This is the final copy of Chapter two of Celts & Kings.
The next morning Michaels knocked on the door of Hillstand’s office. “Come in,” snarled the voice of the inhabitant.
“I came to get a grade change form,” said Michaels.
“Well, come in!” Hillstand said, his voice turning jovial. “Coffee?”
“No thanks, I’ll just take the form and be on my way.”
Hillstand stood and walked Michaels to the door with his arm around Michaels’ shoulder. “ I’m glad to see you are doing the right thing. I can tell you this now because it will soon be public. Today at noon there’ll be a press conference announcing a major building project for the school. A new gymnasium and athletic field. The Governor, Dr. Hartstein, the University President, and Senator Hayes will be there. The funding for the project will get a jump-start from Samuel Reed who is personally donating $300,000. The Alumni Association will announce a major fund raising project that he’ll head. Now you see why we can’t antagonize him. Thanks for coming on board. You won’t regret it. By the way, you know that new computer system your Department wants? Consider it done.”
When Michaels reached his office, Megan was waiting. “I’ve been thinking about you all night. What did you decide?”
“Megan,” he sighed, “Janet and I spent a lot of time talking about it. Although she’s scared, she’ll support me in whatever I decide. I’ve thought a lot about it. I’m going to change Roger’s grade. I can’t put my family at risk of losing everything we’ve worked for.”
“Don’t you have a contract? Tenure?”
“Schools don’t give tenure anymore. Except for a few older professors, we’re all on contract. Mine is up for renewal this December.”
“It’s only May. You have a few months.”
“Yeah, months filled with hell. Poor teaching assignments, extra committee work, harassment by Hillstand. And then at the end no contract renewal. Hillstand will find some reason to let me go. If they want to get rid of somebody, it won’t be hard to find a reason. Maybe even find a way of ending my contract early….” He paced back and forth across the office.
“John, aren’t you doing the very thing we talked about yesterday? Selling out? Not making a difference?”
“You know, it’s easy for you to say; you don’t have a family to support. You don’t have the responsibilities of a child and a mortgage. You can be idealistic. I can’t afford that.
“And, did you know,” he continued bitterly, “that today at noon, the Governor, President Hartstein, and Senator Hayes are announcing a major fundraising project for a new athletic field? Guess who’s kicking it off with $300,000? Yep, Samuel Reed. No wonder Hillstand wanted me to go along. Yep, it’s possible Reed could get so ticked off, he’d pull out of the project altogether. And all because I didn’t change a grade for a stupid, bratty kid.”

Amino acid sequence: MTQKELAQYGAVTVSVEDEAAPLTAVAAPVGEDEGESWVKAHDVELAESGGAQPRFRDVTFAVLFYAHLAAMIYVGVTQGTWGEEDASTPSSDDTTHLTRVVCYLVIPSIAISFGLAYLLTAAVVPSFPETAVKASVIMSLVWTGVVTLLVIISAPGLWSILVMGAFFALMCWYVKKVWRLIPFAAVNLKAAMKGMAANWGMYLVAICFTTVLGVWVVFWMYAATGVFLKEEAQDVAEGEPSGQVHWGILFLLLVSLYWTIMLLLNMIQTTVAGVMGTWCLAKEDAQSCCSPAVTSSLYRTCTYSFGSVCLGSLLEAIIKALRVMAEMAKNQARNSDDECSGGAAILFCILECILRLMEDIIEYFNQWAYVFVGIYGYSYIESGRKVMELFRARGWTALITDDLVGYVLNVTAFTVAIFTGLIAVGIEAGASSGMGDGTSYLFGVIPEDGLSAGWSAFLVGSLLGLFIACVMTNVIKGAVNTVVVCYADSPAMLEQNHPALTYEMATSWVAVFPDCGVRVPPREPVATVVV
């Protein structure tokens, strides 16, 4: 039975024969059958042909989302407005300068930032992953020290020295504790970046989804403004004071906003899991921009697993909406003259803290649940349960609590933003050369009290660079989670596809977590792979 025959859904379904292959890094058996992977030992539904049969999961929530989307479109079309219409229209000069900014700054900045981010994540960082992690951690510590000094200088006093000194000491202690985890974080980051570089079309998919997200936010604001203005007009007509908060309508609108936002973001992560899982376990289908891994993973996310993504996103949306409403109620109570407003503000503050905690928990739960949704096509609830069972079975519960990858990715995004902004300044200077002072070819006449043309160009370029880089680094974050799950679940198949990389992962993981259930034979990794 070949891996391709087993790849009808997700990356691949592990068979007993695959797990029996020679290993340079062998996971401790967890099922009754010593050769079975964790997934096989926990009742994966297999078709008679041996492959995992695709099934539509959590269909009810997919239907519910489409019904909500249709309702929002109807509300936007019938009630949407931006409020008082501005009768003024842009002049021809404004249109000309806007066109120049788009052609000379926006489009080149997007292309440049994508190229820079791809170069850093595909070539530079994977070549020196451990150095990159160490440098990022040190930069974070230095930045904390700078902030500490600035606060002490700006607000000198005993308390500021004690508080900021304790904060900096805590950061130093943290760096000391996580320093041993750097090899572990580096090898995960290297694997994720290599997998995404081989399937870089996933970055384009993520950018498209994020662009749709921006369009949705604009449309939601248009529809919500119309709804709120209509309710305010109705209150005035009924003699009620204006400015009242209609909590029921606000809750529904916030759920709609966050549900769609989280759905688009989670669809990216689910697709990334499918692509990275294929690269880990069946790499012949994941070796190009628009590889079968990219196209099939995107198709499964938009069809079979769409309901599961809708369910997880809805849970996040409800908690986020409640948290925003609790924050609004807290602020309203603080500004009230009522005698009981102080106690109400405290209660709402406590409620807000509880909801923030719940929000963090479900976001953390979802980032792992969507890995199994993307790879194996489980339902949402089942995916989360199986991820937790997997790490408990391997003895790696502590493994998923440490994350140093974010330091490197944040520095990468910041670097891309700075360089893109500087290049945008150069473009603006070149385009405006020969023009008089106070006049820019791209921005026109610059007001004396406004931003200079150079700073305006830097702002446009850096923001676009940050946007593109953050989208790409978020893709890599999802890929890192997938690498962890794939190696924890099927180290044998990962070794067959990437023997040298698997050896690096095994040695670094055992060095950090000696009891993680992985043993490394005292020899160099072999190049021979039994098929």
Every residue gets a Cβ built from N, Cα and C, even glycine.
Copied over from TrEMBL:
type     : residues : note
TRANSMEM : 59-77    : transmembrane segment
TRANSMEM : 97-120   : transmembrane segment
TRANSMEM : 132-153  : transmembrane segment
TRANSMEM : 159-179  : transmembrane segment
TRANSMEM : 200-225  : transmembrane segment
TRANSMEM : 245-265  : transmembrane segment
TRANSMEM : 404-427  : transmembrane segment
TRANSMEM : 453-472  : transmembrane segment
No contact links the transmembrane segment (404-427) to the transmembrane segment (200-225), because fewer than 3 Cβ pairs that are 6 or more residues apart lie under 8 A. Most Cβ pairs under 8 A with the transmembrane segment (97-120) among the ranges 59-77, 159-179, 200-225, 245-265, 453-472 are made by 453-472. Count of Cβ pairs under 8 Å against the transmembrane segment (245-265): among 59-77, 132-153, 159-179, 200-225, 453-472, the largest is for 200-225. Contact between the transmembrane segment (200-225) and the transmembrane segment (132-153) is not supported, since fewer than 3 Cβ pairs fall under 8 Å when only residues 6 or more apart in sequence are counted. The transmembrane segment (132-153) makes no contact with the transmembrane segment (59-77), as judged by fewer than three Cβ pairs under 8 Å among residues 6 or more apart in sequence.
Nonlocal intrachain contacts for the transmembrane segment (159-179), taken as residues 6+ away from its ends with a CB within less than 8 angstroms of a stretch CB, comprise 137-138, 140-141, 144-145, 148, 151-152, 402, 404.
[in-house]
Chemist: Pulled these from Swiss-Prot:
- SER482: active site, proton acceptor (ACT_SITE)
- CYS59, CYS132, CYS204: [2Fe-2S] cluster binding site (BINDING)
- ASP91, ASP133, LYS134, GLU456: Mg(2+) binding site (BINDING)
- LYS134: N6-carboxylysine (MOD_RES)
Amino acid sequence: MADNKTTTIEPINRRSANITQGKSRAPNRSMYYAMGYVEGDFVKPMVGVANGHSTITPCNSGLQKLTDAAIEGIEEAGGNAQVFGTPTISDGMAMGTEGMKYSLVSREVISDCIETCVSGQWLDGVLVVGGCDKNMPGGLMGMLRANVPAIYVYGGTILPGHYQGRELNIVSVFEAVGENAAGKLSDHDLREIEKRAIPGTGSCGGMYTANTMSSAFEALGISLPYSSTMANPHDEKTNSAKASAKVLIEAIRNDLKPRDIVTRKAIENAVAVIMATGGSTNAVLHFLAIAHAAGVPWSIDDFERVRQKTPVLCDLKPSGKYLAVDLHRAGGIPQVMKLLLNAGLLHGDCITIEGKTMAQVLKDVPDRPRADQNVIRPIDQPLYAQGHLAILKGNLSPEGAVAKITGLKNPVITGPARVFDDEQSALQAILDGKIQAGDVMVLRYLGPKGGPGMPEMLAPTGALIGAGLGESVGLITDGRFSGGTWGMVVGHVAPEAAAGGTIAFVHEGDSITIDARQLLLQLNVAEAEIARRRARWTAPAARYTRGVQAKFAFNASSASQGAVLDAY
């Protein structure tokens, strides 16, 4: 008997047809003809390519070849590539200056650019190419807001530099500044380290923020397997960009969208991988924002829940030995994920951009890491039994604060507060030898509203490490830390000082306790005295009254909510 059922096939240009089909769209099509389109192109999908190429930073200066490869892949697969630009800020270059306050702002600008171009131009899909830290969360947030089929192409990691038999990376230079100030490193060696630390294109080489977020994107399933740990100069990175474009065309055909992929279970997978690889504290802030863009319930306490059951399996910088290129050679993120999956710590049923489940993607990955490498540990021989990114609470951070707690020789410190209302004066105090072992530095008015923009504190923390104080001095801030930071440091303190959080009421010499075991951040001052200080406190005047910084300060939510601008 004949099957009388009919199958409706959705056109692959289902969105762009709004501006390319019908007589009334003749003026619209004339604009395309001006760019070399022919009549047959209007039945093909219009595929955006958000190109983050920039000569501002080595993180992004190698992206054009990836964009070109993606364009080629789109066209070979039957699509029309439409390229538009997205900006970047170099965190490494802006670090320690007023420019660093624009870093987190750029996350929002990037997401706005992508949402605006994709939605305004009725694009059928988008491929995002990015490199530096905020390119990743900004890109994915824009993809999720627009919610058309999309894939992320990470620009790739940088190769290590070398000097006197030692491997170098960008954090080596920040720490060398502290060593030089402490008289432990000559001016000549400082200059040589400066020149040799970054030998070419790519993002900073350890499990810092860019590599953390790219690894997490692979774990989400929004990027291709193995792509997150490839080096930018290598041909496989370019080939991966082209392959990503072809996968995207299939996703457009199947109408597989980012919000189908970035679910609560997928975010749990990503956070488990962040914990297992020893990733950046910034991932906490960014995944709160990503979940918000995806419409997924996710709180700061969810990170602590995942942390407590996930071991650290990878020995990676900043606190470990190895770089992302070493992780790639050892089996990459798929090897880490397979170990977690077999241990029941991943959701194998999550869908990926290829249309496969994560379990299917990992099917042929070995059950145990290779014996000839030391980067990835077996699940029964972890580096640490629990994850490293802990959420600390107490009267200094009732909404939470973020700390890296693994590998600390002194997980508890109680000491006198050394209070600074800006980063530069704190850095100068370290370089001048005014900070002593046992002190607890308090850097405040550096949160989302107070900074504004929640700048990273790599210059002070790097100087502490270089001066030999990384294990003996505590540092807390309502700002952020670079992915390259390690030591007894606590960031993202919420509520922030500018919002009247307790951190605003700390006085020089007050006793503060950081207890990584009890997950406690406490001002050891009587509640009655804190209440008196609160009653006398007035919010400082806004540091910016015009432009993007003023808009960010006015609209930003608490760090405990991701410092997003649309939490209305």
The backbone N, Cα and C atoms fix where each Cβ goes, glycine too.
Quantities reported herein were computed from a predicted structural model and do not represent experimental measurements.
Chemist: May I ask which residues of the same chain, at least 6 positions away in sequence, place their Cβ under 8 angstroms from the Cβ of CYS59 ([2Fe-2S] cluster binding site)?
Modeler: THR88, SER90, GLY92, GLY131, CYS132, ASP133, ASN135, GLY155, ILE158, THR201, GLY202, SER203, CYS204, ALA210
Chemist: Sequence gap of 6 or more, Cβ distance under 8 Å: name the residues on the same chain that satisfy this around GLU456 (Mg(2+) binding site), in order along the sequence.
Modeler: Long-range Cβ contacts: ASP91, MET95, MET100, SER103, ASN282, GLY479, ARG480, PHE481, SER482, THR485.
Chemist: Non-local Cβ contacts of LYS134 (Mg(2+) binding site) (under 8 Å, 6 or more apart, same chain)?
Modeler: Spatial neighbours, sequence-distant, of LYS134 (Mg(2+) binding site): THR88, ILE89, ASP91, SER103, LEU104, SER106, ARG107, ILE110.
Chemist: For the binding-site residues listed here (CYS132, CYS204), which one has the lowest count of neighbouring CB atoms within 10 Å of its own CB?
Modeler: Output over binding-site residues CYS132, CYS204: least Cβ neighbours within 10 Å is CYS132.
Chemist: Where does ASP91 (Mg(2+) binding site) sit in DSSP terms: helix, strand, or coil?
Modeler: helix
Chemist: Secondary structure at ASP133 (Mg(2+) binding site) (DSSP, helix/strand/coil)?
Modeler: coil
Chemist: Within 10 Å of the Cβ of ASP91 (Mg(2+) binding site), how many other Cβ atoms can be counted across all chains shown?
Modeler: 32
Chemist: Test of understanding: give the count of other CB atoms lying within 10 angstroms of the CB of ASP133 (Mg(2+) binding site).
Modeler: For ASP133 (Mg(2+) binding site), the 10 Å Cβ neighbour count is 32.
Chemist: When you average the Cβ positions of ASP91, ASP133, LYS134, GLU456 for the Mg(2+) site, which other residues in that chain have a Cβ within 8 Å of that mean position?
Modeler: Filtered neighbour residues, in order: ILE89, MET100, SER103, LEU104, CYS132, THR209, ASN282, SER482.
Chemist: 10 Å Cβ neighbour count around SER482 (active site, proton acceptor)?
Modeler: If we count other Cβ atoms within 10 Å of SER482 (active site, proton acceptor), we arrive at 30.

“Oh my God!”
“After all, it’s not like the kid doesn’t have the grades. He’s victim to a stupid attendance policy that somebody made up.”
“What about your integrity?”
“Integrity? This is the real world.” He waved his arms with disgust. “I don’t have to like it, but it is reality. This is the way the world works. Yeah, it sucks. It really sucks. A world where everything is for sale. I don’t want it but I have to live in it. And I need to take care of my family. That comes first.” He waved his finger at her and punctuated the air with short thrusts.
“What about the John Michaels who fought ten years ago to stop a horrible tragedy? The John Michaels who risked everything on a mad race down the Champs Elysée?”
“Well you know what?” He half-turned toward her. “I did my good deed ten years ago. I risked my life for the greater good. I put my time in. Don’t ask me to do the world anymore favors, make anymore sacrifices. The world isn’t worth it. I did my good deed. I gotta look after number one. Whatever I do won’t make a difference anyway.”
Megan walked to the door, turned toward Michaels with a sad look, and said as she left, “No John, I guess it won’t.”
Michaels returned to his desk. He filled out the form but hesitated a long moment before he put his signature on it. The phone rang. It was Dryer.
“John, Janet called Annemarie this morning and told her what was coming down. Did you sign that form yet?”
“No, but I was just about to. Why?”
“Well, you might want to think twice about it. Roger Reed is going around telling everybody how his old man kicked your ass. Made you cave in. Gloating about how you’re such a wuss.”
“John, he’s completely destroying any credibility you’ve had. You sign that paper and you’ve lost any respect the kids ever had for you.”
Michaels had a dawning awareness. Then the realization hit him. “God! What an example I’d be! I spent years teaching my classes how individuals changed history and how they can too. And now the teacher is caving in. Tom, thanks, I will probably lose my job. I may never teach again. But now I see the mistake I almost made.”
He hung up the phone. He tore up the grade change form and debated whether to email Hillstand or tell him directly. He decided the direct approach would be better. He walked down to Hillstand’s office. Hillstand was just hanging up the phone. He looked up.
“John! Did you bring the form? Good timing. I just got off the phone with Reed. Looks like everything is a go for the press conference. Thanks for your cooperation.”
Michaels swallowed. “Dr. Hillstand, I came to tell you I can’t sign the form. If I do, it’ll repudiate everything I stand for and teach my students. I’m sorry, but I can’t do it.”
The veins in Hillstand’s head swelled like thick black snakes. The next words he spoke were raw and angry—a declaration of war. “John, I am very sorry to hear that. Did I tell you I’d be evaluating your classes from now on? I heard some complaints from some of the students about your teaching methods. By the way, should you decide to leave, don’t plan on a good recommendation. That will be all.”